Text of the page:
The Great Inter-Chain Battle (part 2 )


Similarly to Cosmos, Polkadot also aims to decouple the consensus mechanism from the application layer of a Blockchain in order to be able to connect ledgers.

There are four basic roles in the upkeep of a The Polkadot network: collator, fisherman, nominator and validator. The Polkadot Whitepaper discusses that in one possible implementation of Polkadot, the validator role may actually be broken down into two roles: basic validator and availability guarantor, but we will only talk about the first four roles.

taken from

As the name says, the Validators purpose is to validate new blocks in the Network and run a high availability and bandwidth Relay chain client (depicted below). To become a Validator, a node must deposit a bond which will act as an insurance that the Validator will act without malicious intentions. Nodes can also nominate Validators, paying part of the required deposit and receiving a pro-rata increase or reduction in their deposit according to the bond’s growth to which they contribute. These are called the Nominator nodes.

Transaction Collators, or Collators for short, are actors that maintain a full-node of a parachain and suggest new blocks for Validators to validate, winning a part of the block reward. This prevents Validators from having to be aware of the full state of each and every parachain.

Fisherman exists only to catch malicious entities on the Network. The name stems from the fact that these actors only exist to try and fish out illegal acts on the Network, sending proof of these acts to Validator nodes and winning rewards by doing so. Fisherman must also post a small bond in order to (or Collators for short) prevent sybil attacks from wasting Validators’ time and resources.

Just like Cosmos, Polkadot also allows external Blockchains to connect to the Network. This is achieved by connecting Blockchains to the Network through what Polkadot Whitepaper calls bridges, similar to Cosmos’ Peg-zones.

As seen above, Polkadot also implements a Relay chain, which, similarly to Cosmos Hub, is the glue that holds the Network of parachains together. The Validators work inside the Relay chain, connecting the different parachains together and allowing for assets to change between chains.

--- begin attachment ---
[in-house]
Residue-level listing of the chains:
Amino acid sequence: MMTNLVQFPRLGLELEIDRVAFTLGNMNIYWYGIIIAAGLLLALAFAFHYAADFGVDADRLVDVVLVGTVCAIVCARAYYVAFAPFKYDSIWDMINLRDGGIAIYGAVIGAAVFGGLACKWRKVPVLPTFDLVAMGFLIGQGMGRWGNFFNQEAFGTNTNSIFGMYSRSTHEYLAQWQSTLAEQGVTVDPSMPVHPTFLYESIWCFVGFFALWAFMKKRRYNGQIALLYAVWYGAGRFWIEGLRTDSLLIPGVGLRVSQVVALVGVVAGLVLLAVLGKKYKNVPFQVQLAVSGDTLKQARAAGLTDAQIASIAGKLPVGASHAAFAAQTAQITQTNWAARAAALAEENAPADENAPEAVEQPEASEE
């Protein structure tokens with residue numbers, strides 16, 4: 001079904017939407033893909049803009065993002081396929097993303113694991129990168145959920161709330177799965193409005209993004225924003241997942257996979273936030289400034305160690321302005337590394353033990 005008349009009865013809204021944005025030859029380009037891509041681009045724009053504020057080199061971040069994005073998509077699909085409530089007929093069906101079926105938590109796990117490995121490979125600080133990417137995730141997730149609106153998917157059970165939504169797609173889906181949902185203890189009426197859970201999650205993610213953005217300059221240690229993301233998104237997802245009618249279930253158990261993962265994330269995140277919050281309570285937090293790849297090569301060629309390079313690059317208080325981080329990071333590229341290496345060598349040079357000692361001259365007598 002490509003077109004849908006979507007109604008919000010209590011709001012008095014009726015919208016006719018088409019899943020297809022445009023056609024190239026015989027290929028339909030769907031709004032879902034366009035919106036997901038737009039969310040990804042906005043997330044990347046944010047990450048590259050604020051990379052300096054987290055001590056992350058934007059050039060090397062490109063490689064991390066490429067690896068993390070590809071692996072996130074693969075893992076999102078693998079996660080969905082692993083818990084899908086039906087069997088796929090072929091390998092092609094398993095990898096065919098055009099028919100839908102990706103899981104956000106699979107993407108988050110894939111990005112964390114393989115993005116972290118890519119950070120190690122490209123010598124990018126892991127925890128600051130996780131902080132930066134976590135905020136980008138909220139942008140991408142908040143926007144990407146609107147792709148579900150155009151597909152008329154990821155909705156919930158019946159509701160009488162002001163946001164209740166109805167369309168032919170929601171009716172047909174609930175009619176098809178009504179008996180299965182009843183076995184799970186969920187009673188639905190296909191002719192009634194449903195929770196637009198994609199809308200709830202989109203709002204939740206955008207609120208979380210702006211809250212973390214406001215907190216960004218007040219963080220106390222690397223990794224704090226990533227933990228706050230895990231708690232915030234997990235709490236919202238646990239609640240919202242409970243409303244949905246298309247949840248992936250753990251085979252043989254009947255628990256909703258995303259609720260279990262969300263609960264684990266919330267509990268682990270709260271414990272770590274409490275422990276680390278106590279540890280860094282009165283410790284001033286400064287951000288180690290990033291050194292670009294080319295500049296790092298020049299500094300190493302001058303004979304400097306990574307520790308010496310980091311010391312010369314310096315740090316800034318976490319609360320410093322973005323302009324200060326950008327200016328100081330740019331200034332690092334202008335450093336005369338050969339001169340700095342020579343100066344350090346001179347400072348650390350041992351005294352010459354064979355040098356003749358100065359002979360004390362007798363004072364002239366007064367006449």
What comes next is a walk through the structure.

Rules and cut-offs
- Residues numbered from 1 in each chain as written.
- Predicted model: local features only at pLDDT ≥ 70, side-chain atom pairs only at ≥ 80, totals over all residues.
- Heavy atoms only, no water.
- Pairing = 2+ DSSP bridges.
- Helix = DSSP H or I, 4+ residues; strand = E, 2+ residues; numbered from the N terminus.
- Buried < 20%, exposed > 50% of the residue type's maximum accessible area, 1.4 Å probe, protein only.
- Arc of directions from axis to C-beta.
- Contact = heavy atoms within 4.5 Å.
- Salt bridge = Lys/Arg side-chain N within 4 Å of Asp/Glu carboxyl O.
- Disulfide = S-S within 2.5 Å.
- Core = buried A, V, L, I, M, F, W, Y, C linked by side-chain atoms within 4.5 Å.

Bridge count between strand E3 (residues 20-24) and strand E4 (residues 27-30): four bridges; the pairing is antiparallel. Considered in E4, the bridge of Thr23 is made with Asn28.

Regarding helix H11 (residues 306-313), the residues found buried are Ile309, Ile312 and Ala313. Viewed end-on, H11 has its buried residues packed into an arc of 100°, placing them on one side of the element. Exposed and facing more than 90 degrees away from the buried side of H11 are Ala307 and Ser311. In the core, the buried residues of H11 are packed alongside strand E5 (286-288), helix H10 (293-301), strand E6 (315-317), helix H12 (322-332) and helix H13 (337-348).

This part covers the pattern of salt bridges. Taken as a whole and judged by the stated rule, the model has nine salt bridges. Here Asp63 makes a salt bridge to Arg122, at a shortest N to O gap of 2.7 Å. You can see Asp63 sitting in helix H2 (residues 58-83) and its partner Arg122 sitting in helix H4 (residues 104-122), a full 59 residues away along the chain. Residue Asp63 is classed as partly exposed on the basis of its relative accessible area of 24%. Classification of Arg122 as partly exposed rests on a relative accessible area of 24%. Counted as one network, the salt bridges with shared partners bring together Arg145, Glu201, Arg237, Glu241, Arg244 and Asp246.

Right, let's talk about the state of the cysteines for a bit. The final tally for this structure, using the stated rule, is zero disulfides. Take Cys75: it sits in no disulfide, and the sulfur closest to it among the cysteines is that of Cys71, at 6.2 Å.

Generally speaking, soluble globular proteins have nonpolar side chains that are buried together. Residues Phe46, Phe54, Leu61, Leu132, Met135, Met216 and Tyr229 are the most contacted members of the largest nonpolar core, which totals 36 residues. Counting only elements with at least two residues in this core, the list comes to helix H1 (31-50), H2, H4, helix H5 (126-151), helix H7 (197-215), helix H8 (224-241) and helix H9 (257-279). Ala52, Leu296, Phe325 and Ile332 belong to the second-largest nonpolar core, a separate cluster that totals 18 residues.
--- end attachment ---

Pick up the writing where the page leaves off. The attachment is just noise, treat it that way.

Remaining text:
Although both Cosmos and Polkadot are still in development, they provide a really good insight into what the future may look like in the Blockchain world. These (and other) technologies are making the future of Blockchain look so promising and exciting!

If you happen to be in London on the 25th of September and want to see how these two technologies fair against each other, join us on the Blockchain Developers Club — Cosmos vs Polkadot.

Be sure to check the resources below to learn more about these two technologies and on Blockchain Interoperability.


Grayblock — Interoperability, the Holy Grail of Blockchain Jackson Palmer — What is a cross-chain protocol? (Cosmos, Polkadot, Interledger) Cosmos Whitepaper Cosmos Blog — Understanding the Value Proposition of Cosmos Polkadot Whitepaper Polkadot Lightpaper Dave Kajpust — Blockchain Interoperability: Cosmos vs. Polkadot

This post was written by Tomás Carvalho developer at Blocksmith.

Blocksmith is supporting BCDC and other Blockchain related events in London. We are a blockchain development studio that helps startups and corporates use blockchain technology to solve real business problems by developing innovative solutions.

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Come down to the BCDC: Cosmos vs Polkadot